Urging our nation's leaders to end hunger
 

7.8% Unemployment – Why We Care at Bread

 

(Source: The Washington Post)

By Kyle Dechant

Last Friday, the U.S. Bureau of Labor Statistics revealed that the national unemployment rate fell below 8 percent for the first time in more than 43 months. To the relief of many policy makers, September’s seasonally adjusted rate came in at 7.8 percent.

 Why We Care at Bread

 

(Sources: U.S. Bureau of Labor Statistics, U.S. Census Bureau)

Poverty in its most basic form is a measurement of income. As such, it’s not surprising to find that as unemployment falls in the United States the rate of poverty also decreases. The graph above charts U.S. unemployment and poverty over the past 31 years and shows how, generally speaking, unemployment and poverty tend to rise and fall together.

An unemployment rate of 7.8 percent is high by any historic measure. However, given that unemployment has been above 8 percent for almost four years and that the unemployment rate has historically been an accurate barometer of longer-term trends in poverty, this drop seems to indicate that poverty may decrease by more in the near future.

 

What’s the Bigger Picture?

The 7.8 percent unemployment rate is more than 50 percent higher than at the start of the Great Recession in December 2007, when unemployment was at 5 percent. Unemployment had been at or below that rate for the 30 previous months leading up to the recession.

While falling below the 8 percent threshold seems to indicate a trend in decreasing poverty, other factors are worth consideration. The data released by the Bureau of Labor Statistics is a monthly estimate, so unless we see a dramatic decrease in unemployment in the final three months of 2012, the yearly national rate will still likely be above 8 percent. Also, as Bread noted last month, the national poverty rate for 2011 was 15 percent (with 46.2 million people, including one in five children, living below the poverty line). So although unemployment has fallen, both unemployment and poverty in the United States remain high.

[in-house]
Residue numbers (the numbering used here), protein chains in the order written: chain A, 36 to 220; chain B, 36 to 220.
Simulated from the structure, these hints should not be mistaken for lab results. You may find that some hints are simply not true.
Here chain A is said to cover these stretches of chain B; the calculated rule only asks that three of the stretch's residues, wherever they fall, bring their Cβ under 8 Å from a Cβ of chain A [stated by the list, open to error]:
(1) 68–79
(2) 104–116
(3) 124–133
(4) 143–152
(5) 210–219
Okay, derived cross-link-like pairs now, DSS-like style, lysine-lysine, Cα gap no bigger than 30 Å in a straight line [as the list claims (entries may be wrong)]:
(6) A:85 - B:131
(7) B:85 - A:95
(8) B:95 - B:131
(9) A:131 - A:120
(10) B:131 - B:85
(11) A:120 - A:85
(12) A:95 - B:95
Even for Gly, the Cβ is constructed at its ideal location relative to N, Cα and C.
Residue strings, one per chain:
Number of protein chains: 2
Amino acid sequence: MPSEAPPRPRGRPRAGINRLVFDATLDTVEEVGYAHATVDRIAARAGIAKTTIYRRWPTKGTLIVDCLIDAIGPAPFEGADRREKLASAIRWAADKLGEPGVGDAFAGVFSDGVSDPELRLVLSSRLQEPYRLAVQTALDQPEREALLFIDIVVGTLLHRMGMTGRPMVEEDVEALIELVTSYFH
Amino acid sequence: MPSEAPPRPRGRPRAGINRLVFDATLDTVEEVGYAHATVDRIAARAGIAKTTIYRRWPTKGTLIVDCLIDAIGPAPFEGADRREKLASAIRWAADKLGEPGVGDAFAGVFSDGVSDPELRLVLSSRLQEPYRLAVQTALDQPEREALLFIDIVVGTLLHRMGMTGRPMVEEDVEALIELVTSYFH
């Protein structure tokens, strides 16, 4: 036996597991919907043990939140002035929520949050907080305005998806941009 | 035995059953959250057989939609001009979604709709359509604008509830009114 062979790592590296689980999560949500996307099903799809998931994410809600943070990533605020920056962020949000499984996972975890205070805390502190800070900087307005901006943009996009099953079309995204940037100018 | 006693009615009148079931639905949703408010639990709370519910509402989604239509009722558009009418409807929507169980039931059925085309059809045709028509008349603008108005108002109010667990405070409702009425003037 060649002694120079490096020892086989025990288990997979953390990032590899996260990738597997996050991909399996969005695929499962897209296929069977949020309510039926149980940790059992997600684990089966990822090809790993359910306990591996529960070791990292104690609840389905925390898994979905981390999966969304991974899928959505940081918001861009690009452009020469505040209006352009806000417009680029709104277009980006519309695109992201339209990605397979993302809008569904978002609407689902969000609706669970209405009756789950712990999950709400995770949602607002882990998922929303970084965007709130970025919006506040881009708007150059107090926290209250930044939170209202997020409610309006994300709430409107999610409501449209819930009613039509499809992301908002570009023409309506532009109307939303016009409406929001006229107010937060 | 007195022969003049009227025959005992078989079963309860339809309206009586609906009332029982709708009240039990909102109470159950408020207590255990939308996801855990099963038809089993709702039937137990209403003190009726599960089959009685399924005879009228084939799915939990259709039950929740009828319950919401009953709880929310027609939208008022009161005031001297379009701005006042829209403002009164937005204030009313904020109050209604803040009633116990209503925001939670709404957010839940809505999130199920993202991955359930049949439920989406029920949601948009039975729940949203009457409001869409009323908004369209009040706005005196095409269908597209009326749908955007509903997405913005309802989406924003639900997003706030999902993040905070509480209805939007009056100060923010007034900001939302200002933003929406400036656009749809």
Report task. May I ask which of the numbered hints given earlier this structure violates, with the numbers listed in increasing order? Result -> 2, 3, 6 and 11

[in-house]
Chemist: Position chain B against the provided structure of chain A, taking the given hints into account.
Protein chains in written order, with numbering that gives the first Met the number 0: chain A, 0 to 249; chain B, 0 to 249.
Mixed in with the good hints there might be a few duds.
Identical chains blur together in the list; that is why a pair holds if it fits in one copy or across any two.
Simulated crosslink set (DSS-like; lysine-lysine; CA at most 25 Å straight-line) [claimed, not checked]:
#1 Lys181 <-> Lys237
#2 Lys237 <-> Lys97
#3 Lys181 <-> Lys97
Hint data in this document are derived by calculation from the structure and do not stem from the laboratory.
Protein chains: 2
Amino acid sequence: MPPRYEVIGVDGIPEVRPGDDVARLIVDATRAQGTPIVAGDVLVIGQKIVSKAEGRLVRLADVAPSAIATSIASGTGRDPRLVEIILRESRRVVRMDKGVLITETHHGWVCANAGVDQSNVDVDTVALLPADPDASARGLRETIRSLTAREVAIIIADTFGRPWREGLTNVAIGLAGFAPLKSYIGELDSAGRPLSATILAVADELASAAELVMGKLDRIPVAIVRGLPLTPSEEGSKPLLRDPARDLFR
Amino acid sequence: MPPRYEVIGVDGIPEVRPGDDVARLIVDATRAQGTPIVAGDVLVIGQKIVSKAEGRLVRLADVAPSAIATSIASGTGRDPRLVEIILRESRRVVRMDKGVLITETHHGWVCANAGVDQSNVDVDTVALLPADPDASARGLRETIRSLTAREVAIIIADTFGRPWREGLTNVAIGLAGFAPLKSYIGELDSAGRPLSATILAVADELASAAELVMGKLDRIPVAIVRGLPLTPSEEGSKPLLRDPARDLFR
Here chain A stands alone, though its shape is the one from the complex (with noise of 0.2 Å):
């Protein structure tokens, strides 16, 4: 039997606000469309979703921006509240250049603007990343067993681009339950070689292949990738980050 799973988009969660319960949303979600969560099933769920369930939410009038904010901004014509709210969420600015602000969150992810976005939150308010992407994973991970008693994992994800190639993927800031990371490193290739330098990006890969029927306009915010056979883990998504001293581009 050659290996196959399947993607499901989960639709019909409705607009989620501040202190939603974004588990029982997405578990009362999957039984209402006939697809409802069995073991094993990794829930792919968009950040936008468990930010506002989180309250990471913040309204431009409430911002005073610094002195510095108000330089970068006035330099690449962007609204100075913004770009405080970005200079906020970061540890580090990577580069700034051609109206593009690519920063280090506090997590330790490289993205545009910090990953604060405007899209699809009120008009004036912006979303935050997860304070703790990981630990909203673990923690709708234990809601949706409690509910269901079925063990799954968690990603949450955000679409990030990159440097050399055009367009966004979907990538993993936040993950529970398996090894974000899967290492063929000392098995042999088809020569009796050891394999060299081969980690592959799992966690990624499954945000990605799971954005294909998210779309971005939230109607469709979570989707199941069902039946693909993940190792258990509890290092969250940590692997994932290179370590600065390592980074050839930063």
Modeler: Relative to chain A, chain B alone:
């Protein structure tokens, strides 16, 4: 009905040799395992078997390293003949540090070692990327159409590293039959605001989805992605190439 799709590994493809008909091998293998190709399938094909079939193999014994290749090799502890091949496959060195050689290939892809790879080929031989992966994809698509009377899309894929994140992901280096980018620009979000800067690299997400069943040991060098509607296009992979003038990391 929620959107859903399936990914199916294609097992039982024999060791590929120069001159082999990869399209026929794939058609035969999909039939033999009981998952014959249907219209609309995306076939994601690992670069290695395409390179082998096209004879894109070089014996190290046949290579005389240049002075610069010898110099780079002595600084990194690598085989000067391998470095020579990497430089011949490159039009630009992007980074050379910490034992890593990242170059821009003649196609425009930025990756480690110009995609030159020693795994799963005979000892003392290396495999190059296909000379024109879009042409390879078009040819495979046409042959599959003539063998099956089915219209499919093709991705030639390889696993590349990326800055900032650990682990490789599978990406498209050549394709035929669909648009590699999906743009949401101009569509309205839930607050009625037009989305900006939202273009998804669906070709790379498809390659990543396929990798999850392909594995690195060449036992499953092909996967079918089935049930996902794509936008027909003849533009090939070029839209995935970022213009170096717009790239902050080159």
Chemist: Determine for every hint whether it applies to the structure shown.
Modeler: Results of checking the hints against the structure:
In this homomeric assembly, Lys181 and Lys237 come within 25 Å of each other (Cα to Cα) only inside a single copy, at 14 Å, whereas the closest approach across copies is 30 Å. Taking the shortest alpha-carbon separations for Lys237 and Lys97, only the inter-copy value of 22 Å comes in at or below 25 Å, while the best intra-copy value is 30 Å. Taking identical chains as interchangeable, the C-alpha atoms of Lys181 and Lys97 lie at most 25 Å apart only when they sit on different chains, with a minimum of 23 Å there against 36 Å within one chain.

What’s on the Horizon?

After the Nov. 6 elections, Congress will enter the lame duck session. Its main priorities will be averting sequestration and deciding whether to extend all or some of the 2001 and 2003 tax cuts (including improvements that were made to the Earned Income Tax Credit and the Child Tax Credit). Bread will also be watching to see if Congress takes up a farm bill (especially given that the 2008 farm bill expired on Sept. 30).

If our country goes over the so-called “fiscal cliff” or if there is further uncertainty in the Euro-zone crisis, the modest job growth gains we’ve made in the past several years could easily be undone.

Meanwhile, a 7.8 percent unemployment rate probably has little immediate impact on the one in five children in the United States who are currently living below the poverty line. Their access to SNAP, WIC, and the level of their parents’ income are more important than that slight drop in the jobless number.

As Congress gears up for a lame duck session focused on reducing the deficit and averting financial crisis, remind them to maintain a circle of protection around programs vital to those experiencing hunger and poverty in the United States and abroad.

Kyle Dechant is a fellow in Bread for the World's government relations department.

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